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This article is from the Dictionary of North Carolina Biography, 6 volumes, edited by William S. Powell. Copyright ©1979-1996 by the University of North Carolina Press. Used by permission of the publisher. For personal use and not for further distribution. Please submit permission requests for other use directly to the publisher.

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Debnam, Waldemar Eros

by James F. Harper, 1986

31 Dec. 1897–15 Feb. 1968

Waldemar Eros Debnam, radio commentator, author, and Raleigh city councilman, was born in Snow Hill, son of Joseph Eppe and Birdice Speight Debnam. For some time his father was a public school teacher and superintendent of schools in the Snow Hill area where in 1902 he started a weekly newspaper, The Standard Laconic. After her husband's death, Birdice Speight Debnam took over The Laconic at the age of sixty-five and continued to publish it until she was eighty-two.

In 1915 Debnam entered Mars Hill preparatory school and in 1917 attended The University of North Carolina. At the university he was an active member of the Philanthropic Literary Society and the ROTC program. He returned to Snow Hill in 1918 and worked on The Standard Laconic until about 1922, afterward becoming a reporter for The Danville Register, The Washington (D.C.) Herald, and The Virginian-Pilot-Ledger Dispatch in Norfolk. While with The Virginian-Pilot, he had a radio program in Norfolk and Richmond with a series called "The Tales of Ole Virginia."

After leaving The Virginian-Pilot, Debnam started his own paper, The Norfolk News Index, which he operated for two years. Later he was employed by radio station WRVA in Richmond and in 1941 joined radio station WPTF in Raleigh. During World War II he served as WPTF's Pacific correspondent. Before leaving the station, he wrote Weep No More, My Lady, an answer to Mrs. Eleanor Roosevelt's criticisms of the South in the early 1950s. The book sold over 500,000 copies.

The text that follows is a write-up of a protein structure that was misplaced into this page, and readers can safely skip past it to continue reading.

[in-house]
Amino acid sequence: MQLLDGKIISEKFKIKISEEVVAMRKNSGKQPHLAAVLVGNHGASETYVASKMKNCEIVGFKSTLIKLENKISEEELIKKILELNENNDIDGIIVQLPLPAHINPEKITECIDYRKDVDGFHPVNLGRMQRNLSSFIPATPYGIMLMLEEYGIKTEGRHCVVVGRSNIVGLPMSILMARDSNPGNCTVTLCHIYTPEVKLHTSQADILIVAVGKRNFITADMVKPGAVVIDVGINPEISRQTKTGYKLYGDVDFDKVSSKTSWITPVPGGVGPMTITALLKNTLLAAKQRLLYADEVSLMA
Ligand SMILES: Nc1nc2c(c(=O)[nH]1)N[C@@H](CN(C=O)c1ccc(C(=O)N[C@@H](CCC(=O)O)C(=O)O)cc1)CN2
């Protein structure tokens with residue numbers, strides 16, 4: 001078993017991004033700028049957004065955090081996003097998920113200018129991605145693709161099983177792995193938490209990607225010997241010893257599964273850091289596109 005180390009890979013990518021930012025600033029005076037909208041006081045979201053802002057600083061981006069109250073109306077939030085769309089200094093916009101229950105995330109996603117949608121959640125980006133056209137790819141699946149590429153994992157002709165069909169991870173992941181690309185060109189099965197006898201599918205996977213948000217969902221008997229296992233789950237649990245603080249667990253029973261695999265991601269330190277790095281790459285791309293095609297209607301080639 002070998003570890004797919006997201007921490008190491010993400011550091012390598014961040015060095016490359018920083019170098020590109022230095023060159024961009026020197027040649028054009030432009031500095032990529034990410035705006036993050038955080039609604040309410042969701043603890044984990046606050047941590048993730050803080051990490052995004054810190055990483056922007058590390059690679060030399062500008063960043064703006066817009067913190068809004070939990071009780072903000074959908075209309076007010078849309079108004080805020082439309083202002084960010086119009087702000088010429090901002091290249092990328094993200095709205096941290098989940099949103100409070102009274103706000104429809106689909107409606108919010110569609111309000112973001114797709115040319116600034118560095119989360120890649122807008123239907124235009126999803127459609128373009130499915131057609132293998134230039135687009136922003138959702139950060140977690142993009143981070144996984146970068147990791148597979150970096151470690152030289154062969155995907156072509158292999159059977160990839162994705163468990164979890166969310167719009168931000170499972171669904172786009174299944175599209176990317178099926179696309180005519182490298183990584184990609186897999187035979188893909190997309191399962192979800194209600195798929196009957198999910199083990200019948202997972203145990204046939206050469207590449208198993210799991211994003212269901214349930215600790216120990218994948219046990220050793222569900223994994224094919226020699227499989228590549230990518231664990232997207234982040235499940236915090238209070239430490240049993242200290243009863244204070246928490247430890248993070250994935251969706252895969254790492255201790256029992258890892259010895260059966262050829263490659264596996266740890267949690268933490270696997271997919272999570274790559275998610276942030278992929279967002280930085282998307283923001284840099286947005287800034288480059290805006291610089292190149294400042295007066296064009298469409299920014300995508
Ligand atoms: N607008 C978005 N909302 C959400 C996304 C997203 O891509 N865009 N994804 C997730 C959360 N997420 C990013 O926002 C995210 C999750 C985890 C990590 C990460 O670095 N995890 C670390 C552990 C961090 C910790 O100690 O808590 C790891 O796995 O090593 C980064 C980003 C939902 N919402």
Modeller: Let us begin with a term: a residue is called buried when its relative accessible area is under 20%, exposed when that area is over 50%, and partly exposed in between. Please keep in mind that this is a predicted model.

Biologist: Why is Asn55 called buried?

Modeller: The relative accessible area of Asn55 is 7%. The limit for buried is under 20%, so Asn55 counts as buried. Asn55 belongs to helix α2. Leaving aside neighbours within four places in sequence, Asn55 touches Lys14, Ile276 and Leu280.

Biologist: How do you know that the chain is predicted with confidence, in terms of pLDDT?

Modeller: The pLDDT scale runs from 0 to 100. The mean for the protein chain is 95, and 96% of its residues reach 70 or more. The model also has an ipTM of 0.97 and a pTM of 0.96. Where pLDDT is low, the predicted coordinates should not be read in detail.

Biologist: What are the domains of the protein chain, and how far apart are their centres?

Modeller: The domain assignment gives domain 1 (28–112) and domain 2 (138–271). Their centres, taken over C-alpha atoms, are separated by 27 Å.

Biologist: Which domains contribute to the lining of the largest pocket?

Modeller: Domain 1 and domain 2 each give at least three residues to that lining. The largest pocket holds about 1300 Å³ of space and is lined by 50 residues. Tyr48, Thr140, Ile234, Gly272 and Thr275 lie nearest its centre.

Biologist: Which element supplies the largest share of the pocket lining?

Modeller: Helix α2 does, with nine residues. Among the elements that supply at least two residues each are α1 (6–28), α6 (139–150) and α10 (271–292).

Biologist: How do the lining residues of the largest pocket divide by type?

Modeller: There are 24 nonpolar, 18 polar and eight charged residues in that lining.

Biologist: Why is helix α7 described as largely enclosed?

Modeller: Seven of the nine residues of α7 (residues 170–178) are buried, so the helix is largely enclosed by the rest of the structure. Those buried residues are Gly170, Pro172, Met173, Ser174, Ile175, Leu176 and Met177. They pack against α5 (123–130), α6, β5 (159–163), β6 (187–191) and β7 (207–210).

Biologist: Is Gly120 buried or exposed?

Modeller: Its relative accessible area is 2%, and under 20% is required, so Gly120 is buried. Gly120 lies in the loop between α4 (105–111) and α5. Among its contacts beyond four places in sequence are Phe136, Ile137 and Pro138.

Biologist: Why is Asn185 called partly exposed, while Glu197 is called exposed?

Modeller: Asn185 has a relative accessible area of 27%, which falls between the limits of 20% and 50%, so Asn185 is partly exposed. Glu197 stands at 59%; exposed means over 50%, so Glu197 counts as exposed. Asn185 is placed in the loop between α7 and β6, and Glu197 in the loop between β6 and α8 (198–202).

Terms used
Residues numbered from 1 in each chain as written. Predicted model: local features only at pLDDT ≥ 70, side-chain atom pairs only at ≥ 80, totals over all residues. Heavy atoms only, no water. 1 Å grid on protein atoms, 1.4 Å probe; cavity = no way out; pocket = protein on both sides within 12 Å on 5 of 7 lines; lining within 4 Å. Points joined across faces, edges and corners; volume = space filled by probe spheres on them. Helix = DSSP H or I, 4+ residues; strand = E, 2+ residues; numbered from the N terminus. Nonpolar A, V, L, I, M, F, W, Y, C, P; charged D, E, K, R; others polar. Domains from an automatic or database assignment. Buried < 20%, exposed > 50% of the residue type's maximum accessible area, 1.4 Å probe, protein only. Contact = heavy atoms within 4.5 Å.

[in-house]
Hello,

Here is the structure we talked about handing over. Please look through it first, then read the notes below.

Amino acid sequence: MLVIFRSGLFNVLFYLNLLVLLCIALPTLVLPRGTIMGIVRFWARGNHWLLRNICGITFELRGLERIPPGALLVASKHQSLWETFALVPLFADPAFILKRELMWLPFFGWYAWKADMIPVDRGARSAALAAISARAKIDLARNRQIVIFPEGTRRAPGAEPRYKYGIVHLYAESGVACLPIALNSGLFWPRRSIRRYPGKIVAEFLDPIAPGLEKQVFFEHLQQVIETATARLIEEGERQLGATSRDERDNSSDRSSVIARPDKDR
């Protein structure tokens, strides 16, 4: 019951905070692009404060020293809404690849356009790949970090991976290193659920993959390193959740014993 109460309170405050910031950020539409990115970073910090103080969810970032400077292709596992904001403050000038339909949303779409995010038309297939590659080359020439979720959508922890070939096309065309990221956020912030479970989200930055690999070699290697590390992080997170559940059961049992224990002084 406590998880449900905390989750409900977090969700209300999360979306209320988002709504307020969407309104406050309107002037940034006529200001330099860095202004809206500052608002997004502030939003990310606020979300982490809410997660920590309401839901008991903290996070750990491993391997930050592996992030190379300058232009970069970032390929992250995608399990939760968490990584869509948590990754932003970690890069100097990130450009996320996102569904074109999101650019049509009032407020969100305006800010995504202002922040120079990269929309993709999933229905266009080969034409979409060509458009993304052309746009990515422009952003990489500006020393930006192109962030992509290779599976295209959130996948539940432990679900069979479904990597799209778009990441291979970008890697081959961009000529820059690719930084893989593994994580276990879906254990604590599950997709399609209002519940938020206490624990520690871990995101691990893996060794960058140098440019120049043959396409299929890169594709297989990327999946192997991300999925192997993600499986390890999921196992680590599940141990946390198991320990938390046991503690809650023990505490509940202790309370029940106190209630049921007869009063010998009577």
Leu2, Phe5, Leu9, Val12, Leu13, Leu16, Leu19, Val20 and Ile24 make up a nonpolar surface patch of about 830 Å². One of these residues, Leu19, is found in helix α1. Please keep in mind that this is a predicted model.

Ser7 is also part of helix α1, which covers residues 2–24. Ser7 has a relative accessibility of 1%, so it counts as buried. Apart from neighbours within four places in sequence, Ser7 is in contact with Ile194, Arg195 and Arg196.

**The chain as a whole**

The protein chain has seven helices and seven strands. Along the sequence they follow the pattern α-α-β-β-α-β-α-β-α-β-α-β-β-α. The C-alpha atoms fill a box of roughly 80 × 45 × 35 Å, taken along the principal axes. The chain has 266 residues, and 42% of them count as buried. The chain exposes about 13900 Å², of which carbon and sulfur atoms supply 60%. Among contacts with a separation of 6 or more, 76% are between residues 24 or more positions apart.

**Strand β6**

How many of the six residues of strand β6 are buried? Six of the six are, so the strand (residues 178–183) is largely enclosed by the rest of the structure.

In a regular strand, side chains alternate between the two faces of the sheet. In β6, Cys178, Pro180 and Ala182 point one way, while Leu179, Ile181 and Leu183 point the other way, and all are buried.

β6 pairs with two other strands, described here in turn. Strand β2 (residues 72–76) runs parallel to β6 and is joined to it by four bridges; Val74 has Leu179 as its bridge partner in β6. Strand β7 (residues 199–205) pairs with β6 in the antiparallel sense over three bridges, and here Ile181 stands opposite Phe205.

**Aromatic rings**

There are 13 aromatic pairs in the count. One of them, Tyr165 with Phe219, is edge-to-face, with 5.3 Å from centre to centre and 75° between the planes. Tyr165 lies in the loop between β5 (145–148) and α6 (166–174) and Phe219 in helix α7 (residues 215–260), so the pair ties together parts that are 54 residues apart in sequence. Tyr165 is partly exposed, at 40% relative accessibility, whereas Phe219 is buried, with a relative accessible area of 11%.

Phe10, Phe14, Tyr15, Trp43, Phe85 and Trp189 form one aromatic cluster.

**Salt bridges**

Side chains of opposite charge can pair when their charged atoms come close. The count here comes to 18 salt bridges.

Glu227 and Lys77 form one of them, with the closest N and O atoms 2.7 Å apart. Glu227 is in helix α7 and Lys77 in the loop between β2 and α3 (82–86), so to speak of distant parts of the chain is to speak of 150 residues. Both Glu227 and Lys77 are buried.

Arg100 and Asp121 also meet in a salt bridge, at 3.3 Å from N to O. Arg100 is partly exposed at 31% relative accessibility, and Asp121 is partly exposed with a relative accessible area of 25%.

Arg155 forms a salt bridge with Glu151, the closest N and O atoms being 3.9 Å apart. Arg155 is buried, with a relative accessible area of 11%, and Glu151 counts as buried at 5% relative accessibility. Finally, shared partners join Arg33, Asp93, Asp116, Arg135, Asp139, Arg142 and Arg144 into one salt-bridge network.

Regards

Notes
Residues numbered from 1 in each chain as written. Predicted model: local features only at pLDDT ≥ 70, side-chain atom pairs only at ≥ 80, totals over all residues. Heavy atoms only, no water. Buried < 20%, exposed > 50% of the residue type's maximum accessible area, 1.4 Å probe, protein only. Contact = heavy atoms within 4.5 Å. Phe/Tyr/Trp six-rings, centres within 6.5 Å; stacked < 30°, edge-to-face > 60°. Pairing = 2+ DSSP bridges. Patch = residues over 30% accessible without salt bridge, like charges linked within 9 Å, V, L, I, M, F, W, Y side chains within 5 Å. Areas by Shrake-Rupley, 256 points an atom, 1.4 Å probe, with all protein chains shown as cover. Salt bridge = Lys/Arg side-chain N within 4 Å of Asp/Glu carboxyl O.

While living in Raleigh, Debnam was elected to the city council in 1953 and reelected in 1954. He resigned his seat in 1955 as increased sales of his latest booklet, Then My Old Kentucky Home, Good Night!, took more of his time. In 1956 he lost a close race with Harold Cooley for Fourth District congressman in the Democratic primary. In the same year Debnam entered television, joining the Greenville station WNCT-TV where he did a popular morning show; in 1963 he moved to WITN-TV in Washington, N.C. There he became vice-president in charge of news and public affairs, continuing in the post until his death at the age of seventy.

In 1924 Debnam married the former Stella Glass and they were the parents of William S. and Betty Glass Debnam. William S. Debnam is an orthodontist in Portsmouth, Va. Betty Debnam, now of Raleigh, is the editor of The Minipage, a children's newspaper used by over three hundred larger papers throughout the country. Debnam was buried at Greenwood Cemetery, Greenville.


Mrs. W. E. Debnam, interview, 18 Sept. 1977, Raleigh.

Raleigh News and Observer, 21 July 1955, 16 Feb. 1968.

University of North Carolina student annual, Yackety Yack, 1917.

Additional Resources:

W. E. Debnam in WorldCat:

Waldemar E. Debnam Papers, 1854 [1922]-1967, East Carolina University: